I’ve decided to make the 15th and the 30th/31st my post deadlines, and as the rest of my weekend (Strongman Competition! Weigh ins! Steak! Early bedtime! The Glamour of it all!) promises to be exciting and hectic, I’m posting this now. Thank you to everyone who read the earlier drafts and gave me notes.
This topic hardly applies to just Millenials, that is just the particular lens I’m looking through at the moment. Enjoy!
Ordinary Greatness: How Discipline Builds Us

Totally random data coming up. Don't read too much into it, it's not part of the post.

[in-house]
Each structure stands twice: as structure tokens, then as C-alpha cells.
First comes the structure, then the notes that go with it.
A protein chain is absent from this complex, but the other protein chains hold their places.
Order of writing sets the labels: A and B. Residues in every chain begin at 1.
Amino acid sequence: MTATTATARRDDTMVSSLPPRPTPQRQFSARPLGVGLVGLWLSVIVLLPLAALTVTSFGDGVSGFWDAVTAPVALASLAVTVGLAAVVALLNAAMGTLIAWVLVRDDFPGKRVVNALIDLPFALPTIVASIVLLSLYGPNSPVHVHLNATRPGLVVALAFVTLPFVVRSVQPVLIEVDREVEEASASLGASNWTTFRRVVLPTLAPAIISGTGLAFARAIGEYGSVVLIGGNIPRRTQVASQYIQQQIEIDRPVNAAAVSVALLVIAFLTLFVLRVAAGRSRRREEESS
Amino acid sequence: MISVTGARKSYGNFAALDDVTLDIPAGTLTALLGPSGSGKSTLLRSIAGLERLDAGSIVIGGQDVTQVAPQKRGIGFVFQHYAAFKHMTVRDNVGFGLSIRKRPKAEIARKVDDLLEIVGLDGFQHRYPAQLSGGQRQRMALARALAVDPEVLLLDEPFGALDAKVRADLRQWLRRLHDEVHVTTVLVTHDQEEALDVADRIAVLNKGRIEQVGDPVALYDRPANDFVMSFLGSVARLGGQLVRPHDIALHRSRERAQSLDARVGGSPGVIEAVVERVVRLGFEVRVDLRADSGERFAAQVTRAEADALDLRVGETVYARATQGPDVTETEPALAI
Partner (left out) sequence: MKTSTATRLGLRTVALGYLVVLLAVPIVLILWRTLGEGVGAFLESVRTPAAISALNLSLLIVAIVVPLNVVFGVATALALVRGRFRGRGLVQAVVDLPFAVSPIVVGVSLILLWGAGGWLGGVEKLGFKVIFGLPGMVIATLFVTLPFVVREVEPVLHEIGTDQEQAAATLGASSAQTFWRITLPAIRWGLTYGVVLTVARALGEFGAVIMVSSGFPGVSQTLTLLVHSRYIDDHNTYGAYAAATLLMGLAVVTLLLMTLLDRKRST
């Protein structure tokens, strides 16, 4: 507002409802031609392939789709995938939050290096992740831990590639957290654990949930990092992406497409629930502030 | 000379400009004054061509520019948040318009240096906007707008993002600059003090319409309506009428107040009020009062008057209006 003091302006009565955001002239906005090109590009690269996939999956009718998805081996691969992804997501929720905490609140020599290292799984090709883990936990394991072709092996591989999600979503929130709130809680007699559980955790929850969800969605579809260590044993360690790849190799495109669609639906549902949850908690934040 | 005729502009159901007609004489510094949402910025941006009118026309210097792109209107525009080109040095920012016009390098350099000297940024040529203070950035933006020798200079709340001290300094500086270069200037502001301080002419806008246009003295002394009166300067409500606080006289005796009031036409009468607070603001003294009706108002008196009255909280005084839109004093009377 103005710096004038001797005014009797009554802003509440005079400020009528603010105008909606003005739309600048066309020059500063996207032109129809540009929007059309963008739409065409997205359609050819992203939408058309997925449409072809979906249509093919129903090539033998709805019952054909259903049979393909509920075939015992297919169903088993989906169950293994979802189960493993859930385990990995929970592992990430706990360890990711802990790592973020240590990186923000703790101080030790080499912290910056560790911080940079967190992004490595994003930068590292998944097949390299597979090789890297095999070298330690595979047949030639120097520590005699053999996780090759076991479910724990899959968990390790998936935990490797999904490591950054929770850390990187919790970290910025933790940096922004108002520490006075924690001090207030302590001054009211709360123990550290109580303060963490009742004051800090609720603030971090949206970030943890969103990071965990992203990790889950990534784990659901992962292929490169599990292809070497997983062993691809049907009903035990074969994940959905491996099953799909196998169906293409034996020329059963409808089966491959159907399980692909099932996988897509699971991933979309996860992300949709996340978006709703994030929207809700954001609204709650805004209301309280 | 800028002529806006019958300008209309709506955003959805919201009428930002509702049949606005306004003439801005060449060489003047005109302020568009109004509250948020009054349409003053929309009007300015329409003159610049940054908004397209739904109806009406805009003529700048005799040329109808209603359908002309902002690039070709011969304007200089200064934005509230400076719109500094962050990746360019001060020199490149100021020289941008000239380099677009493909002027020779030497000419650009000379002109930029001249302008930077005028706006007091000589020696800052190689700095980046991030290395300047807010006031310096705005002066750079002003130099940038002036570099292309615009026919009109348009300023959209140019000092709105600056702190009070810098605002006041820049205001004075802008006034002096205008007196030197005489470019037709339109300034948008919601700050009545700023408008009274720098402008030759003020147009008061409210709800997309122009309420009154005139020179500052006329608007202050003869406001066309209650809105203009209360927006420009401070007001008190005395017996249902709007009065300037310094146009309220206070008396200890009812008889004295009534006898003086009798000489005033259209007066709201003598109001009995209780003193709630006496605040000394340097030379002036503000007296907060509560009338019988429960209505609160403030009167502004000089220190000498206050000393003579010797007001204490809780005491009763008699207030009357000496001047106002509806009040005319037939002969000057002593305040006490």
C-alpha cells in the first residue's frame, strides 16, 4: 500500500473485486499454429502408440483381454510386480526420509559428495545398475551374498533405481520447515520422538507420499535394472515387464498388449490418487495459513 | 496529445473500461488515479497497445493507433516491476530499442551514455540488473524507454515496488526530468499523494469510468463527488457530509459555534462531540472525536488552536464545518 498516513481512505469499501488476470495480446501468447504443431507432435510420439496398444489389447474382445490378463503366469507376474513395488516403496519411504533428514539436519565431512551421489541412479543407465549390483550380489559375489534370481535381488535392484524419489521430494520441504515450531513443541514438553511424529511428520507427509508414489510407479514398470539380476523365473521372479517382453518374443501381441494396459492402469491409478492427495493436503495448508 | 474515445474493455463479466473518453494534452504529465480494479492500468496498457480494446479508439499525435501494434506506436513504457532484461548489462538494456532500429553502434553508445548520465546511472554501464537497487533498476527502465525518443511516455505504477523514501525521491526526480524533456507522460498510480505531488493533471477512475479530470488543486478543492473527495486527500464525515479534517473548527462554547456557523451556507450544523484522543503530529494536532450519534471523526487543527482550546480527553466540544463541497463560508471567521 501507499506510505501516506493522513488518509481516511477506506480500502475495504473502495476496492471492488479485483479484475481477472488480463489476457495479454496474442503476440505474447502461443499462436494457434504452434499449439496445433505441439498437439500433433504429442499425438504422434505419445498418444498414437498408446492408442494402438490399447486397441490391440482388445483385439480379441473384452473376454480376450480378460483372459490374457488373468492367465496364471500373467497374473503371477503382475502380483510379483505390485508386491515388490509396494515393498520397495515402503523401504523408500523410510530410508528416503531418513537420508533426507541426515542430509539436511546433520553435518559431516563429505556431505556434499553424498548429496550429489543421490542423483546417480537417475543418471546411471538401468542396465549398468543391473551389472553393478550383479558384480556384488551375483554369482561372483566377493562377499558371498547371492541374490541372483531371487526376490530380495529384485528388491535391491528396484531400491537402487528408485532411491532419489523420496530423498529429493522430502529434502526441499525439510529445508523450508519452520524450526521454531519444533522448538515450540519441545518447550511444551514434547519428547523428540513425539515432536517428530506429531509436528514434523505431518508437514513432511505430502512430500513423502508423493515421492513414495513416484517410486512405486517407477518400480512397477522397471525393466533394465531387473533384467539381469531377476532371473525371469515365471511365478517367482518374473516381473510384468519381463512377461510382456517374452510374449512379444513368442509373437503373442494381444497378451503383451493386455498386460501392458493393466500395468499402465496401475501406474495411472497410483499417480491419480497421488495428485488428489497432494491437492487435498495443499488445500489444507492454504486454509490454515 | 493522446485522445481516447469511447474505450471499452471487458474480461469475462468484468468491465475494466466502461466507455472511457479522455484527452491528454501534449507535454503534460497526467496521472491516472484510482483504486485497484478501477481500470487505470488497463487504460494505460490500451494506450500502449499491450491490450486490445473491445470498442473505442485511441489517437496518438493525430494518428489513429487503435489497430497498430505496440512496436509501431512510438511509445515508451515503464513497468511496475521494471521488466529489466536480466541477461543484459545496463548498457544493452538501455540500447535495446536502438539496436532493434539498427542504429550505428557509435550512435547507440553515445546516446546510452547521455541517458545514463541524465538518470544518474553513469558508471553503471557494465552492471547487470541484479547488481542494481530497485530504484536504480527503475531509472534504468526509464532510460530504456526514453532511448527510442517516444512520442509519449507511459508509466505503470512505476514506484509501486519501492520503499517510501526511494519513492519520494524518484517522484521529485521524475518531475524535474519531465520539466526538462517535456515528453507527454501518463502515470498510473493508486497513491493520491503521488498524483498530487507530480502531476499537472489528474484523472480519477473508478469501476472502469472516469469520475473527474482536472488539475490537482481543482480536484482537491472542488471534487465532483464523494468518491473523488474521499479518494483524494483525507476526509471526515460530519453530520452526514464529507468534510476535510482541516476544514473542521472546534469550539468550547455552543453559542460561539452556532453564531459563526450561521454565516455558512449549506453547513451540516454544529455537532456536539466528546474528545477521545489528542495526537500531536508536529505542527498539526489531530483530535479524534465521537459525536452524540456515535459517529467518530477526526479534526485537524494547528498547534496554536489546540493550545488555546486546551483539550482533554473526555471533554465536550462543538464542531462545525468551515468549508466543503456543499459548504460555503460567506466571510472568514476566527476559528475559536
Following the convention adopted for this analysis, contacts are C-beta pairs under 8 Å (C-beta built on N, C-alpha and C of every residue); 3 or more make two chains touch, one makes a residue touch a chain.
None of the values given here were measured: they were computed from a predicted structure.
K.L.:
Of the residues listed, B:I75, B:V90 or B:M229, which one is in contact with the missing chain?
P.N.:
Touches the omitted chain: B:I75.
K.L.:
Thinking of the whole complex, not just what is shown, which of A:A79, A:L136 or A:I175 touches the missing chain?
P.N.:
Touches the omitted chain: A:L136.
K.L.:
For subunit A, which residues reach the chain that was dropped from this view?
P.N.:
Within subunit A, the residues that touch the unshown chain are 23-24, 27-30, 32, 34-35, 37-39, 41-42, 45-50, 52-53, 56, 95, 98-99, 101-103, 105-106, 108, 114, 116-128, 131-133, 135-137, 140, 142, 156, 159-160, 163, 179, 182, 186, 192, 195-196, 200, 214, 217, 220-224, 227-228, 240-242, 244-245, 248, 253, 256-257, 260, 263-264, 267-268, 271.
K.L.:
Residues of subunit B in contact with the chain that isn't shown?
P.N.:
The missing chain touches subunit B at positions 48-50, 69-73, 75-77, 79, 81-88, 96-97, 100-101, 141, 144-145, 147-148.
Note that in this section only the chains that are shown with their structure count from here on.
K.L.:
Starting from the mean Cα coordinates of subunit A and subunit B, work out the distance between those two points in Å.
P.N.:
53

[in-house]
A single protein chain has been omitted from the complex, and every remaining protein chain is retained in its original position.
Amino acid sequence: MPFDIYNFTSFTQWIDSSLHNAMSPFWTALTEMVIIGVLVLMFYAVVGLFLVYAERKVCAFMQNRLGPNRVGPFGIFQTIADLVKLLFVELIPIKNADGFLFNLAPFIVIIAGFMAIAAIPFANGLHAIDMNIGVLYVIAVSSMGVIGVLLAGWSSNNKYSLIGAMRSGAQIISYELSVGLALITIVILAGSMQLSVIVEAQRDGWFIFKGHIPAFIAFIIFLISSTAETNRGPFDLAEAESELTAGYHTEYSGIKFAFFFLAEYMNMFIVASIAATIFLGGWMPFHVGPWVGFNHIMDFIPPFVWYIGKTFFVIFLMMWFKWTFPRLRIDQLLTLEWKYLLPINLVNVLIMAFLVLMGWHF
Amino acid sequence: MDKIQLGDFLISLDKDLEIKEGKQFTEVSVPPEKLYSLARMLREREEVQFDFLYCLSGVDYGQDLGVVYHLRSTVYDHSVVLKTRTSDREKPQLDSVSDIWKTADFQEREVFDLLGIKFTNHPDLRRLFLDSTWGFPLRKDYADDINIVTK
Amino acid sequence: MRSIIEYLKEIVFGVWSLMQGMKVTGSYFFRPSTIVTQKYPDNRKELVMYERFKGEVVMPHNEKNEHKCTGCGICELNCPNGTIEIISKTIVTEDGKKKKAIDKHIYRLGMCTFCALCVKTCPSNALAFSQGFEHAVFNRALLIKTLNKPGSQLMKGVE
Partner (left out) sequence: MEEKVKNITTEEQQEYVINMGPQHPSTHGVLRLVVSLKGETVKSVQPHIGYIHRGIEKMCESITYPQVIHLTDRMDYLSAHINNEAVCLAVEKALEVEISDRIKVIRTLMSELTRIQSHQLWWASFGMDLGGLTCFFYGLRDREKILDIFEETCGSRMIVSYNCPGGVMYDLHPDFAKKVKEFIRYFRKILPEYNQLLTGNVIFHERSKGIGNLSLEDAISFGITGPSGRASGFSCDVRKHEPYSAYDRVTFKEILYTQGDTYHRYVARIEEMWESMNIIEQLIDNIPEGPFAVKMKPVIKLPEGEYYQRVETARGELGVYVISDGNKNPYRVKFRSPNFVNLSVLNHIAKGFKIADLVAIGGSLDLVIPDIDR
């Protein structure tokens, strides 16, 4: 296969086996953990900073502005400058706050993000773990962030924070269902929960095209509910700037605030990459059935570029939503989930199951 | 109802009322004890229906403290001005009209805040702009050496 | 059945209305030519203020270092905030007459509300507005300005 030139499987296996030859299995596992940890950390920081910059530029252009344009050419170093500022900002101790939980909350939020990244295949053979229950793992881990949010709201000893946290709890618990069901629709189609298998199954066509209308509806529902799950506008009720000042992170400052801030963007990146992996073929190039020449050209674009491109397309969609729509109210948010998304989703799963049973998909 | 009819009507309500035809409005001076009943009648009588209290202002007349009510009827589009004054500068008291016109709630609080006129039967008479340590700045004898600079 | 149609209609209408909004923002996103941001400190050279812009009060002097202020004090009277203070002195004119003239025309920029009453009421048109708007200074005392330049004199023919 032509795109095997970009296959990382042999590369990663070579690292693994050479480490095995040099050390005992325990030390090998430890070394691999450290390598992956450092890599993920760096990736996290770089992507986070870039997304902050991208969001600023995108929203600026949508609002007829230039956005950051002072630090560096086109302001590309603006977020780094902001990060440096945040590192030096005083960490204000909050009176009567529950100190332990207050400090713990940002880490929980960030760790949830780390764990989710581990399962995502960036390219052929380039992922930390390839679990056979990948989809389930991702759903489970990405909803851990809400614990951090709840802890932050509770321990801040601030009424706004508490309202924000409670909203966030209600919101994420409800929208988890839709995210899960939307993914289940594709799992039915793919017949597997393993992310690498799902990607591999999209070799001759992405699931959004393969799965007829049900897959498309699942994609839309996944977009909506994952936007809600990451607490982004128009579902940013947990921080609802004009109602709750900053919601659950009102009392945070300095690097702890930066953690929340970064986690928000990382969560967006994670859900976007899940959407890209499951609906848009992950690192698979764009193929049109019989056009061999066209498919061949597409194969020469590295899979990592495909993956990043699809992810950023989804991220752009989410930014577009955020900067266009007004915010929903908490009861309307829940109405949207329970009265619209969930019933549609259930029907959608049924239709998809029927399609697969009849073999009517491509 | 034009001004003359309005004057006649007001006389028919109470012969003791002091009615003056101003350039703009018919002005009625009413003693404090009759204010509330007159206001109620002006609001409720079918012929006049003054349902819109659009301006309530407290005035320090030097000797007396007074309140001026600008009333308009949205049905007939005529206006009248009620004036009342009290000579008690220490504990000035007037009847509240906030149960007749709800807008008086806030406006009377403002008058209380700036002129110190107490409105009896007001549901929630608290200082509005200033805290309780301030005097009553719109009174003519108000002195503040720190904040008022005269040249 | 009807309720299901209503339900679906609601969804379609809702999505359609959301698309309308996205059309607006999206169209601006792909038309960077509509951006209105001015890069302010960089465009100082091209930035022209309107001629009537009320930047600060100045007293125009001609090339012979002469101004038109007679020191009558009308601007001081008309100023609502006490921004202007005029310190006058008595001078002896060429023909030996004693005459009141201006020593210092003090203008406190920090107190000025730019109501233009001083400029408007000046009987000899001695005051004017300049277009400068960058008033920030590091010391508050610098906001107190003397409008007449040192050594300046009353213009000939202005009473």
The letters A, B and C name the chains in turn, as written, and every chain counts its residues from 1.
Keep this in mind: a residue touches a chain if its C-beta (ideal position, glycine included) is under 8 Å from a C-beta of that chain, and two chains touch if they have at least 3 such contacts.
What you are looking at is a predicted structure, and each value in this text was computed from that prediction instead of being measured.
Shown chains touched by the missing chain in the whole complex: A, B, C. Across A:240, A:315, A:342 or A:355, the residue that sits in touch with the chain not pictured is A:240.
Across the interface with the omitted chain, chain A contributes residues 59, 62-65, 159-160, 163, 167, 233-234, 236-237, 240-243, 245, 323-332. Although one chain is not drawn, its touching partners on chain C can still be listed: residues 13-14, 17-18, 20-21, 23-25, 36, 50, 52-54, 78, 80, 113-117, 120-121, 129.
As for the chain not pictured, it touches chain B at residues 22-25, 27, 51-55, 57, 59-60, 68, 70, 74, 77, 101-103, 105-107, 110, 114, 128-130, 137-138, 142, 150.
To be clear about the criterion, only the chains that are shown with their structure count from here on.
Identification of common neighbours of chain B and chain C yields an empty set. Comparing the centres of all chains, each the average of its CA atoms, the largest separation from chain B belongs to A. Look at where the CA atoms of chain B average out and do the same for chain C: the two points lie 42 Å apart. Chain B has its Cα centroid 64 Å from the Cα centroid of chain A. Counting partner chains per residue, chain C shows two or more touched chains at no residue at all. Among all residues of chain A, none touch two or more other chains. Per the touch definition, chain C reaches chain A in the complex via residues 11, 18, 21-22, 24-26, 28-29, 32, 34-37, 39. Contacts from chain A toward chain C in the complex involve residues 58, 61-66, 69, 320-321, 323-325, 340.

I hear a lot of people my age defiantly proclaiming their mediocrity, their worthlessness, and their worst qualities. “I don’t have any complex relationships or endeavors that demand anything more of me than showing up and getting drunk! Fuck you if you don’t like it!” This young person has very little personal discipline. Maybe they have some lofty ambitions, but ultimately their day-to-day existence is a wreck. I suspect there are a lot of reasons for this. Lack of spiritual direction, unclear principles, and the general confusion that has been heaped on my generation by well meaning parents and a mainstream culture that idolizes celebrity over actual achievement. We want to anesthetize ourselves to our lack of impressiveness and our burdens. We’re not the future Senators and Nobel winners our proud parents told us we could be and in fact, we’re struggling, so we’re incredibly let down by ourselves and have collectively spiraled into apathy, self-indulgence, and general insufferableness. We seem to have conflated being ordinary with being useless let-downs. How do we get our heads out of our asses? First we must realize that personal Greatness is one of the keys to fulfillment, and that the path to that Greatness may be much simpler than we imagined.